If you are cooking something and you check on it and you see that it is “overdone” or “overcooked”, what is your immediate reaction? Exactly. You take the dish out of the oven. Remove it from what caused its current overdone state and the sooner the better.
Too late for our chicken dinner below…
What if your car’s engine is “overheated”? Same deal…you do what it takes to get the engine cooled down. Immediately stop doing what caused the engine to become overheated in the first place.
Given these natural reactions, it is easy to see why the initial and almost immediate move by many newer traders to an “overbought” or “oversold” trading scenario is to do the opposite in that case as well.
They reason that since many buy (long) orders moved price up and pushed the indicator into overbought territory, we must do the opposite and take a short (sell) position. Conversely, if many sell orders caused the price to drop and move into oversold territory we much begin to take long positions. It’s almost as though they expect price to snap back like a rubber band when it reaches these overextended zones.
Well…what is instinctively the proper reaction for chicken dinners and car engines is not necessarily the proper reaction when trading.
It is important to remember that when an indicator goes into the Overbought/Oversold areas, it can remain there for quite some time. Just because the RSI or Stochastics indicator reads overbought for example, does not mean that price action on the pair is like a tightly compressed spring that is going to immediately snap back toward the Oversold area.
Let’s take a look at a historical Daily chart of the NZDJPY pair below for an example of this…
Notice on this chart that when Slow Stochastics went above 80 (in the red rectangle) into the overbought area, price continued to go up for another 780+ pips and Stochastics stayed overbought the entire time. Clearly a trader who went short when it first when into overbought territory would have missed out on a great move. They also would have gotten stopped out of their short position very quickly.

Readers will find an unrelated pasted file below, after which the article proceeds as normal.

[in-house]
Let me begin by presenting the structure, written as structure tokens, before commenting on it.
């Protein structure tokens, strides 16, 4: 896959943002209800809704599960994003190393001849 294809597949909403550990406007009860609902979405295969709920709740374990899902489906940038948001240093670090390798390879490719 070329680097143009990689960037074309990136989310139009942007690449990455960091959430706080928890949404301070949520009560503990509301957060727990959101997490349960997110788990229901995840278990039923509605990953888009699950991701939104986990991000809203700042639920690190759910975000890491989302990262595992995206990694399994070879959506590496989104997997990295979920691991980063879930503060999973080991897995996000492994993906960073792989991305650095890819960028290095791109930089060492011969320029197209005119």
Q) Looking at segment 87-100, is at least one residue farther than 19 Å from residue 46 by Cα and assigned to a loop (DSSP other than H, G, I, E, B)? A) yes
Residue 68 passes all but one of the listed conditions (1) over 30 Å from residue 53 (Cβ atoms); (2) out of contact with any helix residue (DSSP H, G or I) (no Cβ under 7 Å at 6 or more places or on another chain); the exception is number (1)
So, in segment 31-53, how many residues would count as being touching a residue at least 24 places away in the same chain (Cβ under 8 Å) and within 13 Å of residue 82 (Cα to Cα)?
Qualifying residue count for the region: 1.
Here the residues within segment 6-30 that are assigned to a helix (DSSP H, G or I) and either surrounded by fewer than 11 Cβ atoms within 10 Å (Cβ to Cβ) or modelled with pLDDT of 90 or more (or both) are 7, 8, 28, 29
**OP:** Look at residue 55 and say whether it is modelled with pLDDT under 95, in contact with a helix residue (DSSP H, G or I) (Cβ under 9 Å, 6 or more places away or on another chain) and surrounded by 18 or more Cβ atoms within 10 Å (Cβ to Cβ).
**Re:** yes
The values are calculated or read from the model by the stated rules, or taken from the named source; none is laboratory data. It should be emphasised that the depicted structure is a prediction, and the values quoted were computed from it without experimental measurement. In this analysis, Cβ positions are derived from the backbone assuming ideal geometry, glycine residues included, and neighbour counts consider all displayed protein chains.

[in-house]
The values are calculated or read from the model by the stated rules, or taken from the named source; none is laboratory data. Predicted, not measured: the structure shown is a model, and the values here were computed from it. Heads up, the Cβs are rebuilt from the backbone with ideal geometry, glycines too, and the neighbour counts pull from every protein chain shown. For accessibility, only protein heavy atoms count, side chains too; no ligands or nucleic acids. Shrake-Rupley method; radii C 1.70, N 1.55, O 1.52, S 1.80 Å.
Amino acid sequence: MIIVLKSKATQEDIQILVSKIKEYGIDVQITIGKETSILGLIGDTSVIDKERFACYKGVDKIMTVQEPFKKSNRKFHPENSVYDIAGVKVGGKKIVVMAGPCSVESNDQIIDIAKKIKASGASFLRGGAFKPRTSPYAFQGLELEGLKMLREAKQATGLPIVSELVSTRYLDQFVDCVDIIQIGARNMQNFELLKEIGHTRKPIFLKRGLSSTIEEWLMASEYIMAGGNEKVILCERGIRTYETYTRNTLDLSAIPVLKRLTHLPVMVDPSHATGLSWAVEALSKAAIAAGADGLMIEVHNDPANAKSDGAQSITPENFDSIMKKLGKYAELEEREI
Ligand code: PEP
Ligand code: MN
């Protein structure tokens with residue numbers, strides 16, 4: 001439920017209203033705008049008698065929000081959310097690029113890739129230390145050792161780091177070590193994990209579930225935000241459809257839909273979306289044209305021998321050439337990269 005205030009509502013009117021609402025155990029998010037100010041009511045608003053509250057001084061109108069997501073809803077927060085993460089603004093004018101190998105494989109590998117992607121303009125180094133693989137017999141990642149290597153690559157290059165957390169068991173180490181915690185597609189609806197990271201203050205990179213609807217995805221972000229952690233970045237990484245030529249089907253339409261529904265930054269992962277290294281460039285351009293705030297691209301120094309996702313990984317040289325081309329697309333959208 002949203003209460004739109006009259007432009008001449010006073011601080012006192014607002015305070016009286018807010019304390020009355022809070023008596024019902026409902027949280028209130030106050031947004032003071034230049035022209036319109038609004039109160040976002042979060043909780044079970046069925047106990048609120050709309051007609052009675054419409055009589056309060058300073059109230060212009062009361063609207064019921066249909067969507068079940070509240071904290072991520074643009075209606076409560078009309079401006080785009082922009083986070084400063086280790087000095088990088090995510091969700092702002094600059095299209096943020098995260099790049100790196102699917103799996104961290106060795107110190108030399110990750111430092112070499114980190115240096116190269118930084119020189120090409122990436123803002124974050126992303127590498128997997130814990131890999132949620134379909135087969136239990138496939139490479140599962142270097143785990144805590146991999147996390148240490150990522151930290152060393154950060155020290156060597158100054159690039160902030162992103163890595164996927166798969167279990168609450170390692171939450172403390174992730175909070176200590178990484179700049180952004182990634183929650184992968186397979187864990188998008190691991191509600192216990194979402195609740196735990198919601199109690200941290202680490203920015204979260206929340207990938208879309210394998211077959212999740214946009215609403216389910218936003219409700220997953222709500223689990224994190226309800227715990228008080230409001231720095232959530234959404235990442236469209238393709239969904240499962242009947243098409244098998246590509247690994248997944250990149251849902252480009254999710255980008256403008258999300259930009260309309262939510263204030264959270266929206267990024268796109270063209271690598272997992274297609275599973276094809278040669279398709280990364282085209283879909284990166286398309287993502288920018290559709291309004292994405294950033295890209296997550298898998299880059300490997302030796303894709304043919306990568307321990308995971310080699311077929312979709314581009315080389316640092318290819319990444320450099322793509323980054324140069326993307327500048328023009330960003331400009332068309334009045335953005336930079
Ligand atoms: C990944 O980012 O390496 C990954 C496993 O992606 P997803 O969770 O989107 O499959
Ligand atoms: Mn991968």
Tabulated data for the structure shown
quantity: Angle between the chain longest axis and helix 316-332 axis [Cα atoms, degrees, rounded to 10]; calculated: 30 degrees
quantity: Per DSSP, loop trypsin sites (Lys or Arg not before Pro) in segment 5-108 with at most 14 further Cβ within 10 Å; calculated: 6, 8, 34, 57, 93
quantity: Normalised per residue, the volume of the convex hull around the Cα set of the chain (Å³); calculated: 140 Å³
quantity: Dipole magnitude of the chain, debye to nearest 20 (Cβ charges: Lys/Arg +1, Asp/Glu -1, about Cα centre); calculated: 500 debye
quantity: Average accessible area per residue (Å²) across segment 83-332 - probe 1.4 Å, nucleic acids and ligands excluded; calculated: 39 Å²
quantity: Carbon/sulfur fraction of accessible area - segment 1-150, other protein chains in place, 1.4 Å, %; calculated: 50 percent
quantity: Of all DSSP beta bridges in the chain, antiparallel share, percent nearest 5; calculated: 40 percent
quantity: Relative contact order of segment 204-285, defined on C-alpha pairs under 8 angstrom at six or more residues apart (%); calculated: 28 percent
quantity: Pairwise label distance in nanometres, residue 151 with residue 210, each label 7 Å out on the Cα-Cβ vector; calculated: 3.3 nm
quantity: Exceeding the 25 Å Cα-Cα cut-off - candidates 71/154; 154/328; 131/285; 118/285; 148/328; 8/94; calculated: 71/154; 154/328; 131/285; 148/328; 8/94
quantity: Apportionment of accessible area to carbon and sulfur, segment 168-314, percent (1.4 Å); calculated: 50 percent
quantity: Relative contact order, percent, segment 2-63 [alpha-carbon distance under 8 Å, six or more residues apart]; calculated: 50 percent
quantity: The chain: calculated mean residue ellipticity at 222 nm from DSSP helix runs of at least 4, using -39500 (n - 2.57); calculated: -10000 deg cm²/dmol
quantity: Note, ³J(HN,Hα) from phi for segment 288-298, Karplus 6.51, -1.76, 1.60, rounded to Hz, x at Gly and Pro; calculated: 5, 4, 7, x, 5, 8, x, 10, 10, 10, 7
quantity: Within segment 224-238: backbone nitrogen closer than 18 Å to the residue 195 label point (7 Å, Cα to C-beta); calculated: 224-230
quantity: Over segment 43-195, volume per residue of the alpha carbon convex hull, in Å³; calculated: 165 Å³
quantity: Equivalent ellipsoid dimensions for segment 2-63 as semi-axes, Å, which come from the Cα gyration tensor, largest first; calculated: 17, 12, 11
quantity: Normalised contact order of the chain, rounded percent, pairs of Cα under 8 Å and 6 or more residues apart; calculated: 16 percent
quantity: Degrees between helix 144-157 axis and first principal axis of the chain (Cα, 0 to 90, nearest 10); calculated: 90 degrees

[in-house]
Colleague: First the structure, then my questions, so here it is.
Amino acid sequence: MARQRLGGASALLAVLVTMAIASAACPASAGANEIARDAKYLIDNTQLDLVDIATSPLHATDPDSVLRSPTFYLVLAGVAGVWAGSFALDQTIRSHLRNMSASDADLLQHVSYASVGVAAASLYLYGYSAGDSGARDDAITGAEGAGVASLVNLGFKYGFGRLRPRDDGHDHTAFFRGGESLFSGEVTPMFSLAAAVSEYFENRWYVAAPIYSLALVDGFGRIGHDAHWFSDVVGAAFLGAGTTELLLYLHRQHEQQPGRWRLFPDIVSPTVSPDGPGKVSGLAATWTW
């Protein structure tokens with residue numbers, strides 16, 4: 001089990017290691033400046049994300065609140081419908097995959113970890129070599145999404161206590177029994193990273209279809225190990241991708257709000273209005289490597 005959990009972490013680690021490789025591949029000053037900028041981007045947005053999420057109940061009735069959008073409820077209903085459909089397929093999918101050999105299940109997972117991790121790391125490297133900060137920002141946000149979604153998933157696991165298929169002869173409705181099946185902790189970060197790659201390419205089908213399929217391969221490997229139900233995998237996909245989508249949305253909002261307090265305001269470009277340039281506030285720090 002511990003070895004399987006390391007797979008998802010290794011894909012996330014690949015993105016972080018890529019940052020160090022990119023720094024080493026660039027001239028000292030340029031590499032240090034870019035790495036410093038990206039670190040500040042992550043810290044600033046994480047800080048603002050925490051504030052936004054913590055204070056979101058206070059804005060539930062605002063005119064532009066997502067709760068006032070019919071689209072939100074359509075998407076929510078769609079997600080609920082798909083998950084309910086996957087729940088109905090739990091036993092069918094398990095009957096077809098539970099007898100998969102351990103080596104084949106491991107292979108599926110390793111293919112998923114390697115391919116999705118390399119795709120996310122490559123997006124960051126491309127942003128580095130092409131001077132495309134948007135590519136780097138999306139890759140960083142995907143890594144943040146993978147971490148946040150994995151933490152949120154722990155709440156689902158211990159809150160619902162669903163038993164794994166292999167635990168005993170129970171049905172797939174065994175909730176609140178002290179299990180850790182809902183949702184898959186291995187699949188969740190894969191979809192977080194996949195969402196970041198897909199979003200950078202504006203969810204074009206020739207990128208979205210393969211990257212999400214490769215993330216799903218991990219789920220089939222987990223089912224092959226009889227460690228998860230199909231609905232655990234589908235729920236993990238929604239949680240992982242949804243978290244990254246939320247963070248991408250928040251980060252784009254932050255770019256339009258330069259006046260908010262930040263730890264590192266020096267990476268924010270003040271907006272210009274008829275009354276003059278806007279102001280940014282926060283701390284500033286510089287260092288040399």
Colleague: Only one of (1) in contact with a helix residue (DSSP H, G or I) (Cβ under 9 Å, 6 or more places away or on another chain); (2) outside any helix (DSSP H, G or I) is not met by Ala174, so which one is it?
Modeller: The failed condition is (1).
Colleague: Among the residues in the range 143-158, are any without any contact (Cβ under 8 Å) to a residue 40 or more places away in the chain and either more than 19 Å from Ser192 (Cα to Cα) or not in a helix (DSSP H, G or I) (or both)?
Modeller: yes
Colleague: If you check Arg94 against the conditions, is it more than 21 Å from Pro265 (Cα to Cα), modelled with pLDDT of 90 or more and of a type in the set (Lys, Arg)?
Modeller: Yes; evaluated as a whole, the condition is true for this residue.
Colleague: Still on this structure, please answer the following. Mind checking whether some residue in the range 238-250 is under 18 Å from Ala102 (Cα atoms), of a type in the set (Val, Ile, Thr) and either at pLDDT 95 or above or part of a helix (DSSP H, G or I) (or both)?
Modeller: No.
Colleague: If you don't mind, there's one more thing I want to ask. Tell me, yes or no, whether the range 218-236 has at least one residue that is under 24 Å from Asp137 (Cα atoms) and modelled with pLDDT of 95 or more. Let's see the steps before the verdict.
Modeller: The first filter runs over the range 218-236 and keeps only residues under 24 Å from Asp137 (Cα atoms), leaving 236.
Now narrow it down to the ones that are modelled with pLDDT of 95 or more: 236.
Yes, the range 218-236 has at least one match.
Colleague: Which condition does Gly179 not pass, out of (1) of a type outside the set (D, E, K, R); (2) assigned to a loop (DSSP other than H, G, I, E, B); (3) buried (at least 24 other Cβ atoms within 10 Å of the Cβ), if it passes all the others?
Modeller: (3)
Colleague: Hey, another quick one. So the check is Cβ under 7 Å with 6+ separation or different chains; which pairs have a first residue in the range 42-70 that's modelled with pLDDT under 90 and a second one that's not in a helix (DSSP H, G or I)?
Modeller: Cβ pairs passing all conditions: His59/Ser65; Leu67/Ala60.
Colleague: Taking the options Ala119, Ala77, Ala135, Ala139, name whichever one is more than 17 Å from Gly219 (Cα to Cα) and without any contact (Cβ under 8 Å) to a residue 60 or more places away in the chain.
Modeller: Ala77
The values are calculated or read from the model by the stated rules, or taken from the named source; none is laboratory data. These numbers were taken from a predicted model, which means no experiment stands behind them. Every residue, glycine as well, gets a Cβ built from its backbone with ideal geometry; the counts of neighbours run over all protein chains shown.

To see an example of where price retreats when Slow Stochastics goes into overbought territory we need to look no further than the area labeled “A” on the chart. In this case the candlesticks around “A”, dojis, spinning tops, shooting star and a hammer, indicate the potential for a pullback.
The point to be made is that either scenario can play out so don’t have a knee jerk reaction to the overbought and oversold areas of an indicator.
Only take entry signals from an indicator that are in the direction of the longer term trend.
For example, if the trend has been strong and prolonged to the upside, it stands to reason that the indicator will be in overbought territory since it reflects the bullish push of price action. To take a short position at that point would to trade against the trend and that would be introducing more risk into the trade.